This refers to your cover story on our government “missing” in action during the ongoing Covid pandemic (The Empire of Cruelty, May 24). Day by day, the unfolding crisis looks more and more like an apocalyptic movie. What really is the bigger challenge—the virus or our mentality? There are many reasons why India is now in this precarious public health scenario. Besides the political, infrastructural or administrative factors, there is another issue that has contributed gravely to it, and it is temperamental. Last year, during the first wave, I received a ration request for 500 migrant families in Lucknow, Uttar Pradesh. We got down to work—arranged rice, oil, atta, sugar, salt, soap etc, and had them distributed after verification through local volunteers. It was tough. Mobilising resources and ensuring timely delivery in the midst of Covid fears and lockdown was tricky. But we somehow managed to get it done. Then I started getting dozens of calls. I thought they must be confirmatory or thank-you calls, but I was in for a shock. They were complaint calls about lack of papad and achar in the food kits. This, at a time when many didn’t have the luxury of one meal a day.
During the second wave, the nature of SOS requests I get has changed drastically. Ration has taken a back seat and other important requests have increased. What has not changed is the same old mindset. People ask for oxygen cylinders only to hoard them. In Delhi, one of my friends who works for an NGO told me in horror how a family sold away the oxygen cylinder that had been lent to them. I see daily requests for Remdesivir even when the patient has mild symptoms and doesn’t require such medicines. Folks with normal blood oxygen levels insist on occupying ICU beds, blocking beds for critical patients. On enquiry, the answer comes, “Just in case.” Just the other day, a person from Meerut sought Rs 30,000 to donate a unit of plasma when I reached out to him for help. Sigh. What exactly are we fighting? Unless people adjust a bit, develop empathy for others and become considerate, no government or civil society can help this nation. To fight Covid is still easy. But greed and apathy are the real problems. That is where we are losing the battle. The cases and SOS requests are not ceasing at all—and sometimes I wonder if we will ever come out of this.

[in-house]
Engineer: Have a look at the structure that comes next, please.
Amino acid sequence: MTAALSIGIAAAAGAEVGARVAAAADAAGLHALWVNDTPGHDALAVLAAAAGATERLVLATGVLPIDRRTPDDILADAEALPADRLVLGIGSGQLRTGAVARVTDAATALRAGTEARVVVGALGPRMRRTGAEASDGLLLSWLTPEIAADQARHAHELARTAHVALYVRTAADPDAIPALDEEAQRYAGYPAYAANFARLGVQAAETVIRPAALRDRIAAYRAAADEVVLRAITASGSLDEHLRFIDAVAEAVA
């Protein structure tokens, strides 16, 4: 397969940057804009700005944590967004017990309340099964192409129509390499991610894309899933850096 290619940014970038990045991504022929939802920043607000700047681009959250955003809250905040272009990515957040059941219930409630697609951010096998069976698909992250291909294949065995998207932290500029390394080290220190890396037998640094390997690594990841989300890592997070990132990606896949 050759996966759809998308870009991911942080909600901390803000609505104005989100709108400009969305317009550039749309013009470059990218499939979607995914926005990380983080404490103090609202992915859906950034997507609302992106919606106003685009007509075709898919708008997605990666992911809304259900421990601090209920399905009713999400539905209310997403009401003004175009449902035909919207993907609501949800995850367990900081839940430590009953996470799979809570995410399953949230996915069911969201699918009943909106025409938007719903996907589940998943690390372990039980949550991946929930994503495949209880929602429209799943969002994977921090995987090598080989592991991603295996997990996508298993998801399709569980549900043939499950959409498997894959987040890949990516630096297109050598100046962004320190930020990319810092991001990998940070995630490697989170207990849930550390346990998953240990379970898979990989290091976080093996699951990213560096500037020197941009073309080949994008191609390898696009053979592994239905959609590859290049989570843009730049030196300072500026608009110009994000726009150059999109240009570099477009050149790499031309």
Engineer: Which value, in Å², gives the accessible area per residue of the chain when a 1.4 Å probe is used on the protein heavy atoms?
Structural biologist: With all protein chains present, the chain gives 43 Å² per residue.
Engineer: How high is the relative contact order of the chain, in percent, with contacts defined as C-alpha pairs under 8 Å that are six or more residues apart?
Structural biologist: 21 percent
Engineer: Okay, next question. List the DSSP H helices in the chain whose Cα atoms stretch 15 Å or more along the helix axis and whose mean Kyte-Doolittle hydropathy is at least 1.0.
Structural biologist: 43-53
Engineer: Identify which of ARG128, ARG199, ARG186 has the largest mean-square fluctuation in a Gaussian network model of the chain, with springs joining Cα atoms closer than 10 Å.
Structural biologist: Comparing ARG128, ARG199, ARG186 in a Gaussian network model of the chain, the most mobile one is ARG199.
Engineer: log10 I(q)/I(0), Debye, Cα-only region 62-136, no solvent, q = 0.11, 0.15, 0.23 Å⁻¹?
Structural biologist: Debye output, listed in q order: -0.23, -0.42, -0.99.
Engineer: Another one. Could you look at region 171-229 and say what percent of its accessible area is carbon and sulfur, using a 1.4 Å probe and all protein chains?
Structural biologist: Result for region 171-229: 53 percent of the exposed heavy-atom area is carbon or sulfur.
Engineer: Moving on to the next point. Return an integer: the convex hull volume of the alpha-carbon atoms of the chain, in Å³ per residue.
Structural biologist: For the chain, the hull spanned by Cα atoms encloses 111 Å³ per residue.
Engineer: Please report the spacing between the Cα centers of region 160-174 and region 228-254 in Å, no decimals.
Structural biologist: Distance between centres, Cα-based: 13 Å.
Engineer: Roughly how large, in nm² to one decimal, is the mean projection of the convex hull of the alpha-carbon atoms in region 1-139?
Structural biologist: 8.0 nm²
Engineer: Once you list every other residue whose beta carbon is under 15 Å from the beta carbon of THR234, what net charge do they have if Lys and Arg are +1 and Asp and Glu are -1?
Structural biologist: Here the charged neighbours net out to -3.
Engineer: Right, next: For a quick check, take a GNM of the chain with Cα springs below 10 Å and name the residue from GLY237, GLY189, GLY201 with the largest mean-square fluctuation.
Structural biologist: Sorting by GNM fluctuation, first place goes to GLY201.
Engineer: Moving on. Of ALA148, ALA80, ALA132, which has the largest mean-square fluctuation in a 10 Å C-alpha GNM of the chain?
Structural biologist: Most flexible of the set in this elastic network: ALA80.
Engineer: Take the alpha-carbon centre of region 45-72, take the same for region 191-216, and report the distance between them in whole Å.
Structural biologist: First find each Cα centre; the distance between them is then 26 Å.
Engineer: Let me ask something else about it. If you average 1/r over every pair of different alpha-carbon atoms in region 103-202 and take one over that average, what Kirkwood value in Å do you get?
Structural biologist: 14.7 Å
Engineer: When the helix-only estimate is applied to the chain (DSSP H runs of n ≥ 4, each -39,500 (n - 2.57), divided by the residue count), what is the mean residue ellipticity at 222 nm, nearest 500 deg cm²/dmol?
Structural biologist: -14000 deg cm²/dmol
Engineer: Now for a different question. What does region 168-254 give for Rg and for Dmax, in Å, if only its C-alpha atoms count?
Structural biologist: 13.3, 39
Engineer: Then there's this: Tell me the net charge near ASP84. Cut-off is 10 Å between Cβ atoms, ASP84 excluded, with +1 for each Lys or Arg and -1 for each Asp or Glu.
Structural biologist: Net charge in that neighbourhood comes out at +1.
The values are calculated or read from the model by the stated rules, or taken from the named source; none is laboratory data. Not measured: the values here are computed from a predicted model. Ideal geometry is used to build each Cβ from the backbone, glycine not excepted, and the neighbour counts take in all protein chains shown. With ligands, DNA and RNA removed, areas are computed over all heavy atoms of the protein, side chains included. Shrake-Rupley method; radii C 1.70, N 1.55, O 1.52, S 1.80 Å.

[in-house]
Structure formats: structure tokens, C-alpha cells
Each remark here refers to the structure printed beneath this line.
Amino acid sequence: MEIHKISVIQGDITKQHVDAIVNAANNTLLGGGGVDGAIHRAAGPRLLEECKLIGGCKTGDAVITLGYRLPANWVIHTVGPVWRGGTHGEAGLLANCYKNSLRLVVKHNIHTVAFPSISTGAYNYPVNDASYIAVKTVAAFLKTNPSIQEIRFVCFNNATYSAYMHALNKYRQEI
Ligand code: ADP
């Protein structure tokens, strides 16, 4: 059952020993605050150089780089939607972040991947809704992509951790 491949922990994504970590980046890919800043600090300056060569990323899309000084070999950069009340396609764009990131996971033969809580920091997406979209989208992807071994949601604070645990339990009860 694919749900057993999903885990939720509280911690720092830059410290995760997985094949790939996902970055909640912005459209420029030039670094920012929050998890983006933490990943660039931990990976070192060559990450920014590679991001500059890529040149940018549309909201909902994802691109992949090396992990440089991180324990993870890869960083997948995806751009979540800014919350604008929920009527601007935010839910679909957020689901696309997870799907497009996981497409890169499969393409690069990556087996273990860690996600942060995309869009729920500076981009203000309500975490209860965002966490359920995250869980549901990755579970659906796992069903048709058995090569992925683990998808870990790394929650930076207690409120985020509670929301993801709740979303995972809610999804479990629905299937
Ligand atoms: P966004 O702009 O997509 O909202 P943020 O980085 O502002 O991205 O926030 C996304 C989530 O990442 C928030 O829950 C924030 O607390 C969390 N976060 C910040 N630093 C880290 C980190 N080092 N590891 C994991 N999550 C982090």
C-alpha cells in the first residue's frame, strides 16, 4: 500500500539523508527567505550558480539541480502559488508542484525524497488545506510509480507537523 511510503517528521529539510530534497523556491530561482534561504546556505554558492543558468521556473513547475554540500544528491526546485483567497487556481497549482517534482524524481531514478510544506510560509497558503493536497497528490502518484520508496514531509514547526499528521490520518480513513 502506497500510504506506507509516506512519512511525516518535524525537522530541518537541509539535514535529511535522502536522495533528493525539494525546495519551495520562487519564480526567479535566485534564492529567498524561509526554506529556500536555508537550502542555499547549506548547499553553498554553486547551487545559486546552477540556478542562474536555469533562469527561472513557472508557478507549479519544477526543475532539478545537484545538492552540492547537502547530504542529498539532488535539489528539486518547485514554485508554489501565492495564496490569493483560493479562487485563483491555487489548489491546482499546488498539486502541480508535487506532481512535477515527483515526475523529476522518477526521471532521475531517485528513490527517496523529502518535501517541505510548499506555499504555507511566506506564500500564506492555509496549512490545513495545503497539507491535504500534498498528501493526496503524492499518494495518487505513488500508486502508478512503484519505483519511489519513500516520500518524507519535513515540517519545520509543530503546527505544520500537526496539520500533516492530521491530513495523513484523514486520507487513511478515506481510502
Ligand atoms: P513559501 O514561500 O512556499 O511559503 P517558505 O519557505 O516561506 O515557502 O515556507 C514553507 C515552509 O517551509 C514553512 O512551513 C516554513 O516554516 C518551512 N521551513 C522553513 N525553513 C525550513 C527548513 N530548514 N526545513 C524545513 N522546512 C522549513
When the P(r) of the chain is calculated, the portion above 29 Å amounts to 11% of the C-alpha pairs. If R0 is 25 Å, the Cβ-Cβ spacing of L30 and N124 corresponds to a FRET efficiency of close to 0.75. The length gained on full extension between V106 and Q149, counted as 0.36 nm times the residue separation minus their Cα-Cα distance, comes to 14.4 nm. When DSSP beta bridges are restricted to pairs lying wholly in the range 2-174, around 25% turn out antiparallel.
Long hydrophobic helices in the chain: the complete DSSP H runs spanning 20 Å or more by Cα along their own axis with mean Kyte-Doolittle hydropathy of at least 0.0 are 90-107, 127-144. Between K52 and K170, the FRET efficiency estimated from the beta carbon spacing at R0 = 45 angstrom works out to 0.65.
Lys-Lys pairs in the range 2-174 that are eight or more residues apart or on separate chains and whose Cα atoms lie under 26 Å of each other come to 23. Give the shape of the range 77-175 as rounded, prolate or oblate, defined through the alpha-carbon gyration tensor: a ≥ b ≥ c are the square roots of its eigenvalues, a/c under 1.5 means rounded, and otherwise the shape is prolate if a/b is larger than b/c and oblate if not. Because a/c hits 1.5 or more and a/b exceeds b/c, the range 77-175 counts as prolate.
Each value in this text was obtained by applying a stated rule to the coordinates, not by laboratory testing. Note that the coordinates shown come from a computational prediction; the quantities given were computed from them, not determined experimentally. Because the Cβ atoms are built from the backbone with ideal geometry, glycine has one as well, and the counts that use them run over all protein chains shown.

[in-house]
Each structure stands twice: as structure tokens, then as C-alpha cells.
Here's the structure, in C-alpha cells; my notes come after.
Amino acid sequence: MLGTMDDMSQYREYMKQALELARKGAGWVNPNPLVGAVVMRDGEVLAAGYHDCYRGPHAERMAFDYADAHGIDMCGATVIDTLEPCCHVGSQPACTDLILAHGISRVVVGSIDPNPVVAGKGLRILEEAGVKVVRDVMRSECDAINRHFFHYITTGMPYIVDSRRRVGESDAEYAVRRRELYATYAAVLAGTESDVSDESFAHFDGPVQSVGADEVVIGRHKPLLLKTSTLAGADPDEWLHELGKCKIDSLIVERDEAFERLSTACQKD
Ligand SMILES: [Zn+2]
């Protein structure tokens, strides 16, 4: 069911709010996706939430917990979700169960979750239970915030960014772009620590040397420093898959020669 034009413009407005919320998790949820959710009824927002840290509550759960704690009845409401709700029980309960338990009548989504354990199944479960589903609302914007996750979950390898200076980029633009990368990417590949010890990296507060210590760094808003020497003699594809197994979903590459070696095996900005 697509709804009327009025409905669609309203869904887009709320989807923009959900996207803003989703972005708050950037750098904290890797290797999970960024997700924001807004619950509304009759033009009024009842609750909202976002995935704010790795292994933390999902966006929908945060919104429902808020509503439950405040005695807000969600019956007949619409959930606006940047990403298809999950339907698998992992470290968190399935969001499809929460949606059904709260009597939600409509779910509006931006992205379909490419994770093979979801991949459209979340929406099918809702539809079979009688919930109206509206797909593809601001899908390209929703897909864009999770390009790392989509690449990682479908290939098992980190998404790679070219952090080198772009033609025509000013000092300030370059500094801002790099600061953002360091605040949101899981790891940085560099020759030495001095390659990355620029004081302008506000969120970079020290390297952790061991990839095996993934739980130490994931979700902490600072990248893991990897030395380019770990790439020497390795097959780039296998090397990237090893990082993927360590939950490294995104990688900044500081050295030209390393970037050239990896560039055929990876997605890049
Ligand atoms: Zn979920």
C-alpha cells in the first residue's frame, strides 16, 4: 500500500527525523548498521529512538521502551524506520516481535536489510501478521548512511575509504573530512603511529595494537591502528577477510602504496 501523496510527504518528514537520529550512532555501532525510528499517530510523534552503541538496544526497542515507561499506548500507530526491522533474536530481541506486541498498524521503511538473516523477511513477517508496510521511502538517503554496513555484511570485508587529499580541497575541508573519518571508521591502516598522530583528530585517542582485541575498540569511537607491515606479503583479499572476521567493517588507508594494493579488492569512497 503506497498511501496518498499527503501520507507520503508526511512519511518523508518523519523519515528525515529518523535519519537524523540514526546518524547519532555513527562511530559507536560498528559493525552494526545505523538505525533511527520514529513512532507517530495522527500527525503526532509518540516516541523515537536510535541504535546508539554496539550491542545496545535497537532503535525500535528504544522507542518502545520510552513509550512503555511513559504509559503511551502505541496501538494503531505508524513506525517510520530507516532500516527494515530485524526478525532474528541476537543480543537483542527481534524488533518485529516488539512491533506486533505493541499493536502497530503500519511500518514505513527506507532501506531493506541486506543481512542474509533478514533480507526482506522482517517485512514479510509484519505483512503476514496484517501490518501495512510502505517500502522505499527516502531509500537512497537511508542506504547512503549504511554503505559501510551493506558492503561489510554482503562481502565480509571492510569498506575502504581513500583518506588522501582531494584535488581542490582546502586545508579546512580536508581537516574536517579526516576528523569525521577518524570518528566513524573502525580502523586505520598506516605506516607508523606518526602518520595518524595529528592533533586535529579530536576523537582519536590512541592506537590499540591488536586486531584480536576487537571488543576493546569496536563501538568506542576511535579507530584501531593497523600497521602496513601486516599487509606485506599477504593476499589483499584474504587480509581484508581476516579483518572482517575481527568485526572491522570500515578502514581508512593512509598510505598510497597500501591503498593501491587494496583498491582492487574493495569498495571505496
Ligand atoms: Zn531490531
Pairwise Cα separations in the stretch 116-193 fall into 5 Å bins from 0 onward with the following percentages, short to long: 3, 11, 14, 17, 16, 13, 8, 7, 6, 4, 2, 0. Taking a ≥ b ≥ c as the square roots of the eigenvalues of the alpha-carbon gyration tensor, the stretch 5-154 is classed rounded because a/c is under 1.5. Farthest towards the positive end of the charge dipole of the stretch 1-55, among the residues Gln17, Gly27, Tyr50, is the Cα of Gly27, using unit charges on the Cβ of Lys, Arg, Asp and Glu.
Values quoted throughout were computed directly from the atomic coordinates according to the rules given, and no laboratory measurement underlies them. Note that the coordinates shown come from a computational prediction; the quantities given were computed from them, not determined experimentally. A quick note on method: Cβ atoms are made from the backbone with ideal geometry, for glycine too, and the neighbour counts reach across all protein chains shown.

Nishant Nihar, On E-Mail
Given the pathetic and dishonest propaganda that the BJP-RSS is now engaging in, The Complete Covid Chargesheet by Shashi Tharoor, in which the Congress leader gives a “long list of missteps, gross errors of judgement and sins of commission, from the first lockdown to the present catastrophe”, must be discussed widely in civil society. At the very least, this could help us with some thoughts on mitigating the impact of the pandemic’s inevitable third wave that threatens to be more devastating.
R.M.S. Kannan, On E-Mail
This refers to your story Jantar Mantar is Just a Sundial. Period (May 24). Jantar Mantar has been synonymous with Anna Hazare’s crusade against corruption, a rallying point for desired changes in India’s political system. The BJP under Modi stormed to power in 2014 with a lot of promise. While high-level corruption may have been reigned in and some innovative welfare measures introduced, there has been, undeniably, sustained erosion of not only the autonomy of public institutions, but also individual freedom. However, the spin doctors of the saffron party have been able to subsume all issues under an ‘it suits us’ national narrative. It is said that the more things change, the more they stay the same.